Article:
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Understanding What Is Real Satisfaction In Life – Hindu Religion Guide

Hindu religion helps an individual in understanding what is real satisfaction in life.

In the Bhagavata, as well as in the Mahabharata, we find the story of King Yayati, who after many years of sense enjoyments came to the following conclusion: ‘Verily, this desire for enjoyment never becomes satisfied through enjoyment. The desires go on increasing and become more and more intense as in the case of fire when clarified butter is poured into it.’

The desire for enjoyment does not end with the objects of enjoyment being brought to us. The more we enjoy, the more our greed increases; just like by adding ghee or butter to the fire it increases further, and becomes more and more powerful. So is the case with every walk of life.

We are not satisfied; we always want something more. Only at the end of our life we realize that all our attempts at gratifying our senses have proved to be ineffective, and we have not got that peace which we had been seeking. Such is the experience that comes to all thinking beings.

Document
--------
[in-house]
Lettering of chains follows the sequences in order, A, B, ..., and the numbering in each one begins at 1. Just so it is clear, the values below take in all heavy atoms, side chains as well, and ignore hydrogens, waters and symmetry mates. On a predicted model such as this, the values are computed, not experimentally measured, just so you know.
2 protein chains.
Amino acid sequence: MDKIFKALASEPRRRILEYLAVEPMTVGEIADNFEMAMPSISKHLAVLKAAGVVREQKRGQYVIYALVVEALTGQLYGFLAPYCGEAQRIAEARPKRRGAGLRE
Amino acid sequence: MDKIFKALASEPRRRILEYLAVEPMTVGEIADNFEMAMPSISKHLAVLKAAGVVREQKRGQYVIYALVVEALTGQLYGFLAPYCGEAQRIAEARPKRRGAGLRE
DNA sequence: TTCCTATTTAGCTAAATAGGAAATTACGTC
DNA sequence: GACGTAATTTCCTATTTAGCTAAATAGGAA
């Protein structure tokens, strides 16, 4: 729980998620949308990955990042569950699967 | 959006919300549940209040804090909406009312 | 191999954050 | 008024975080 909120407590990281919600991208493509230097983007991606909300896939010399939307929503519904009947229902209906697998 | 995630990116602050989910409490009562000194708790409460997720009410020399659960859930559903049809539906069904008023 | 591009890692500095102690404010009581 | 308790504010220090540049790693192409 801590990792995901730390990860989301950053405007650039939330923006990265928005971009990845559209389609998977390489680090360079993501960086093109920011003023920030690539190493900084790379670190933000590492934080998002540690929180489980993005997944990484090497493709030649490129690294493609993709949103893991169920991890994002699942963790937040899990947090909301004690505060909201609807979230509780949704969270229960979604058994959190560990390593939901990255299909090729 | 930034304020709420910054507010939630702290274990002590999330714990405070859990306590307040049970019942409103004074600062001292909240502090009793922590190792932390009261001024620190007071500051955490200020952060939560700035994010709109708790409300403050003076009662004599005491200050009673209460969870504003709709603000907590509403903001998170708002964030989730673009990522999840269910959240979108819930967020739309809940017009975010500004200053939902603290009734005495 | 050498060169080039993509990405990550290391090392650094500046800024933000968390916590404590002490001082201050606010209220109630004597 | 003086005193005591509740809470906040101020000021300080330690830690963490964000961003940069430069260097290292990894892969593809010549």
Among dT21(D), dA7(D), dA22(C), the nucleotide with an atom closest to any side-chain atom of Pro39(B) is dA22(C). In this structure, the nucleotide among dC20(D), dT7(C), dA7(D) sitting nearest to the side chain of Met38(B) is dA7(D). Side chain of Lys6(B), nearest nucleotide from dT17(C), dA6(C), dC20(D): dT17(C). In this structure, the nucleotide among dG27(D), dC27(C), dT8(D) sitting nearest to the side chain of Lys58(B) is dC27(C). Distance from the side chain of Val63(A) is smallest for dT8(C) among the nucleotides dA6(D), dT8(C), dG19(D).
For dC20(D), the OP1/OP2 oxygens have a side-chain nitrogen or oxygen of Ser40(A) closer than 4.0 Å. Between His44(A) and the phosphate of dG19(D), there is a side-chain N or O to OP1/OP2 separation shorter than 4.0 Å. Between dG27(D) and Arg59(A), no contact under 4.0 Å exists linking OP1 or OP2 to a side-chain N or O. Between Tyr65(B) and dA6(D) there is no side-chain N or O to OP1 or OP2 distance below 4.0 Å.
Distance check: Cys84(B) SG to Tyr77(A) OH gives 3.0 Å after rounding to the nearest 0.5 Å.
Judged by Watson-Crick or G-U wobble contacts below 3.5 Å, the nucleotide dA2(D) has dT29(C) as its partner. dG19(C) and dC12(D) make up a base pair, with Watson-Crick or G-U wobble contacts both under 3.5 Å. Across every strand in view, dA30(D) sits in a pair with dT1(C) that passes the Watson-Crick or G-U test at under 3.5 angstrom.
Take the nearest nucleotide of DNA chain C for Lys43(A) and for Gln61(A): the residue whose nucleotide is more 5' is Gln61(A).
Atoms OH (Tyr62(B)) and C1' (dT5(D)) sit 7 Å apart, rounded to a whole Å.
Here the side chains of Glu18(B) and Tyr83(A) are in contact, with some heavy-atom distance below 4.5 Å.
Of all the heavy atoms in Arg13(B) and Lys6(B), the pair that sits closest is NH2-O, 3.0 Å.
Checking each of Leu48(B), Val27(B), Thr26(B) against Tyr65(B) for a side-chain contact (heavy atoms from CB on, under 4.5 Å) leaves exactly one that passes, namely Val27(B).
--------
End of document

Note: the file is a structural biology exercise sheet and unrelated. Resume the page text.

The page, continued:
The ultimate satisfaction is the quest of our life. Everyone may not be a thinking being, that is, one may not consider in detail what is the aim of life, and how one has to live to just get at that goal of life. Everybody does not give much thought to that. Such people are considered by our ancient philosophers as no better than animals, for animals live without such a thought.

If a human being lives like an animal, then she or he will have no higher aim in life, no thinking as to what should be the goal of life. That is the common feature of people who are living an animal life. But then we will come to know that mere animal life does not satisfy us.

We always want something that will bring us eternal peace and satisfaction, something that we do not have.

Ancient Indian rishis devised a pattern of life that would give satisfaction for every grade of existence. That is why we have the purushaarthas, the quests of life as four: dharma, artha, kama, and moksha.

Dharma implies our duties [both in social and religious life]. These duties help us regulate our life so as to attain the ultimate goal of human life. Then artha, wealth, must be there to procure the basic necessities for sustenance. Then only one can fulfil kama, desire for the satisfaction of senses or satisfaction of the mind. Finally comes moksha, liberation from the prison-house of the life of raaga and dvesha, likes and dislikes, which are due to our attachment and identification with the body. It is a sort of prison-house as it were, because it does give us some satisfaction, no doubt, but at the same time it limits our existence, it limits our knowledge and it limits our sense of happiness as well.